And that's what this post is really about, not just a book, but what the book makes you feel. Cormac McCarthy made me examine how I protect my own son in a world that is sometimes not all too different from the one in the novel. We meet dangers and strangers everyday, never sure if they are the good guy or the bad guy. Just yesterday in Subway I made my son stand literally touching me while I ordered because we weren't in our home town and the idea that I was surrounded by bad people crept into my mind. We probably weren't but the instinctive nature to protect your child is unstoppable.

It wasn't until I had a son that I finally understood the way my parents worried about me, worried about my brother, and most of all, loved us. It wasn't until I had a son that I understood my mother-in-law's reservations about me taking her boy "away" from her until I looked into the eyes of my own little man knowing full well NO ONE will ever love him like I do.

Being a parent is the best and the hardest thing a person can and will ever do. It baffles me when I meet children with parents that don't care. They are out there and WAY too many of them. I don't understand how they've been able to break the bond with their child. I understand those that give their children up for adoption to create a better life for them, the amount of love that takes is amazing, but those that just stop loving their kids - how could you? All too often I meet children that believe their parents don't love them. And sometimes, I think they may be right. I was angry with my parents in high school, questioned their choices, and yelled at them from time to time much to my own chagrin now, but I knew they loved me. I never doubted that they loved me and I pray my own son knows and understands my devotion to him.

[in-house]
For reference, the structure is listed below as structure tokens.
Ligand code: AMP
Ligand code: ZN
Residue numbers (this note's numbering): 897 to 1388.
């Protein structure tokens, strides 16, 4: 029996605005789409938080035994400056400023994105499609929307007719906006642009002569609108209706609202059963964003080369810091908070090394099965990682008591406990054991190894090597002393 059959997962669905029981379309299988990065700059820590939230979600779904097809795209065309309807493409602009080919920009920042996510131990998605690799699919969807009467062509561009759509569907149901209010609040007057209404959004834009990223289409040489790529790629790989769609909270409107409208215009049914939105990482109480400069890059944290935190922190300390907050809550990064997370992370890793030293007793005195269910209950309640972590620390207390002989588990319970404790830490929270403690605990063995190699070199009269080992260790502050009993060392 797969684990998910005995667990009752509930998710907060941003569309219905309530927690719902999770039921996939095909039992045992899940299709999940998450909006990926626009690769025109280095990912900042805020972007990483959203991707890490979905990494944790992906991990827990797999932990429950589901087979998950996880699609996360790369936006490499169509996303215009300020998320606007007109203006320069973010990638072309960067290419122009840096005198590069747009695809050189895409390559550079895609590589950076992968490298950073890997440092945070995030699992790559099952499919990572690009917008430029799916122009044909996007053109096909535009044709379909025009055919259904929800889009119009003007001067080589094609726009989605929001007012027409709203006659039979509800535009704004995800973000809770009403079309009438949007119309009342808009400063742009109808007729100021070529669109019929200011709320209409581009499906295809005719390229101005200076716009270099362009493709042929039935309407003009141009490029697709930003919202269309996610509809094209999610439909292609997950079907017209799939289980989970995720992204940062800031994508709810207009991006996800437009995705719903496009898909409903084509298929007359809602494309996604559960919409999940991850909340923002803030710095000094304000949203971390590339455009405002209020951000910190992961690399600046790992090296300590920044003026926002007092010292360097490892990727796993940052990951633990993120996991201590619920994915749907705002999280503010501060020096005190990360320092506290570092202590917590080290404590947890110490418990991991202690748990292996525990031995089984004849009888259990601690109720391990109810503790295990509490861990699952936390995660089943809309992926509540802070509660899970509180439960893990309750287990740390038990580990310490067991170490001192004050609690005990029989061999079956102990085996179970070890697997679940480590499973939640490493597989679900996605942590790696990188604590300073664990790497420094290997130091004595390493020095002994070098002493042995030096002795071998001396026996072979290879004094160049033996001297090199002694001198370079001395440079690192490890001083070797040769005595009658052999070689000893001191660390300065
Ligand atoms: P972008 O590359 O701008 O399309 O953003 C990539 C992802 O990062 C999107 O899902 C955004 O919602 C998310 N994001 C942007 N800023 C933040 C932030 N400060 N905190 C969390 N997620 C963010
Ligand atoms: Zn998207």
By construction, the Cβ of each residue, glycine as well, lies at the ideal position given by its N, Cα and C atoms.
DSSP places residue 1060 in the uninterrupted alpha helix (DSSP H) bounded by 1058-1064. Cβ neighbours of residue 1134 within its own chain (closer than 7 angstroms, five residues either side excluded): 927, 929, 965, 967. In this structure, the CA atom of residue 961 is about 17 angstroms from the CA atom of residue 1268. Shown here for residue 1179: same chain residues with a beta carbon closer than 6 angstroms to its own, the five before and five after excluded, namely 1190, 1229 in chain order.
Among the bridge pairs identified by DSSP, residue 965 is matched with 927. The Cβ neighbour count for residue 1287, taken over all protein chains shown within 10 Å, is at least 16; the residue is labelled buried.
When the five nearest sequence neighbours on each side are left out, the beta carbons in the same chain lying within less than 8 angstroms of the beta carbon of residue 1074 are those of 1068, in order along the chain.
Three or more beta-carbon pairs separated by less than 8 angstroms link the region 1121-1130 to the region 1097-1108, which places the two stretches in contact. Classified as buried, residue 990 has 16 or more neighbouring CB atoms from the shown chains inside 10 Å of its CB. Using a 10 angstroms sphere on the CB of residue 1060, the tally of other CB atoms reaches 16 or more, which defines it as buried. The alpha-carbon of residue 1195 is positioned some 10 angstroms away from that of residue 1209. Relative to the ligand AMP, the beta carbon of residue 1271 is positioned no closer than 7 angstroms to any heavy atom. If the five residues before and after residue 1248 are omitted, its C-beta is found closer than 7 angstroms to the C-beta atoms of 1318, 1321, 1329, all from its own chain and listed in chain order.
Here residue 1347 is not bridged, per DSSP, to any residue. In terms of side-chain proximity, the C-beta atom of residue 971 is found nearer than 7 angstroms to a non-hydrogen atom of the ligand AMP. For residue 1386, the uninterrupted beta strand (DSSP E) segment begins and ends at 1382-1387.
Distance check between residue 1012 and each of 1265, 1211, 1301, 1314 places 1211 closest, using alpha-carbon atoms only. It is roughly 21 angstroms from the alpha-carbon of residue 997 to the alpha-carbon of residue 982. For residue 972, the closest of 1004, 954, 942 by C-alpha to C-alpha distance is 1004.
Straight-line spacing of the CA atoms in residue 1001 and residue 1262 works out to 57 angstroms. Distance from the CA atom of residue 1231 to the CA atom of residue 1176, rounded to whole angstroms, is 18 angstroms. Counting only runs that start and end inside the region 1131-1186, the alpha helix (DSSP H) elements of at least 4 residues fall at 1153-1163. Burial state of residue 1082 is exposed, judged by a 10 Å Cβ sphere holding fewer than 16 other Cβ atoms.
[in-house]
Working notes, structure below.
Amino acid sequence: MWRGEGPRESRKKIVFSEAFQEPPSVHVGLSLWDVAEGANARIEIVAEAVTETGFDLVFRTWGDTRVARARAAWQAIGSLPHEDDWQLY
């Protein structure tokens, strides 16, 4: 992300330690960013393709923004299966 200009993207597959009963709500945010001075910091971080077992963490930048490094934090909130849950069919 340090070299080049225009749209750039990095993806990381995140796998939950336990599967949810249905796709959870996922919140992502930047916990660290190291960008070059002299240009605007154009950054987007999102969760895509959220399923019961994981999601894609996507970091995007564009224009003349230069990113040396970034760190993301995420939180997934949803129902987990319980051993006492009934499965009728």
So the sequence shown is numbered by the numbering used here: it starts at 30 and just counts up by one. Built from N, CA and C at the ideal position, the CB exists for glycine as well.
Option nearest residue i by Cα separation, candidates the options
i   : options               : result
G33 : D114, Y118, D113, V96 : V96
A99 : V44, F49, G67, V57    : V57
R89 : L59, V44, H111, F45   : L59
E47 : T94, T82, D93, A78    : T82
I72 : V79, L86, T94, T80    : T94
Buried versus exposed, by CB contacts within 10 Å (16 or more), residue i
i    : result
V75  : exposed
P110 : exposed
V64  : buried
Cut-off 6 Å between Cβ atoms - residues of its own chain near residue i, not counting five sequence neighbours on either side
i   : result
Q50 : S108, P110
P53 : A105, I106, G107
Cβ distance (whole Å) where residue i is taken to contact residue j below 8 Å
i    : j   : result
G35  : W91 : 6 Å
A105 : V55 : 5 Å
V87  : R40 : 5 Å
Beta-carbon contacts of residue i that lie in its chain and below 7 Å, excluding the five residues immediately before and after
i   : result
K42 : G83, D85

I love my child more than anything in this world, and there isn't anything I wouldn't do to protect him. There's an old adage that says the most dangerous place to be is inbetween a mother and her child; this is so very true. The instincts that well up in me in the most mundance situations often take me back because of what I know I'd be willing to do to save him. I know my husband feels the same way when it comes to our boy, the love of a parent does not belong solely to the mother. This, too, floors me every time I meet a worthless dead-beat dad...really, we ought to stick them all on a island together and let them rot it out. I realize that it is a terrible thing to say, but let's call a spade a spade.

And that's what The Road did for me. It made me stop and think about how much I truly love my son, how far I'd be willing to go to save his life, how much I would absolutely endure to make sure he survived, was o.k., was happy. And it was nice to stop and think about it rather than it just being the instinct I feel in my heart. Nice to let those emotions overwhelm me and weep for the sheer joy of being a parent. Nice to hug him close to me while he slept last night knowing there is no greater love on this earth than that of a parent to a child. Nice to know I am capable of such a great love, the same love my parents have for me. Nice to understand where they've been coming from all these years. It was simply put, nice.

I don't know if those that don't have children would feel this same response to the book. For me, it wasn't a novel about survival in a hard cruel world, it was a novel about being a parent and allowing the one emotion that transcends all others to take center stage: love.

I will most likely never see the movie. I find Hollywood often taints the power of written emotion with spoken words and destroys the sweet drift of text off the page into my mind and my heart as books do.

I love being a parent, I love my son, and I love that I have been given the chance by God to feel this way. How blessed I am that he chose me for my child, for my child is of course, the best (I may be a bit partial). As you venture into your day of being a parent, hug your child a little tighter, do something special for him or her, cherish their youth, and laugh with them until you feel it in your soul. For as we all know, The Road will come to an end long before we want  be it the loss of innocence and a childish gaze, the ascent into adulthood through the rocky teenage years when they don't want to hold our hands anymore, or God believes it's time for them to become an angel before us, our time as a parent is precious. Knowing this now makes it better, makes it so great that I feel my heart might burst. Knowing it now makes The Road all the more bearable because I get to travel it with my son and he is all that I am, my heart outside my chest.  And I am the lucky one, because I know.

1 comment:

  1. I loved that book, and don't see the movie. As good as it tries to be, it just comes up way too short. If you think about it, not enough happens in the book (like "events") to make a film interesting. The movie came off as boring. Your assumption on it "tainting" the power is right on.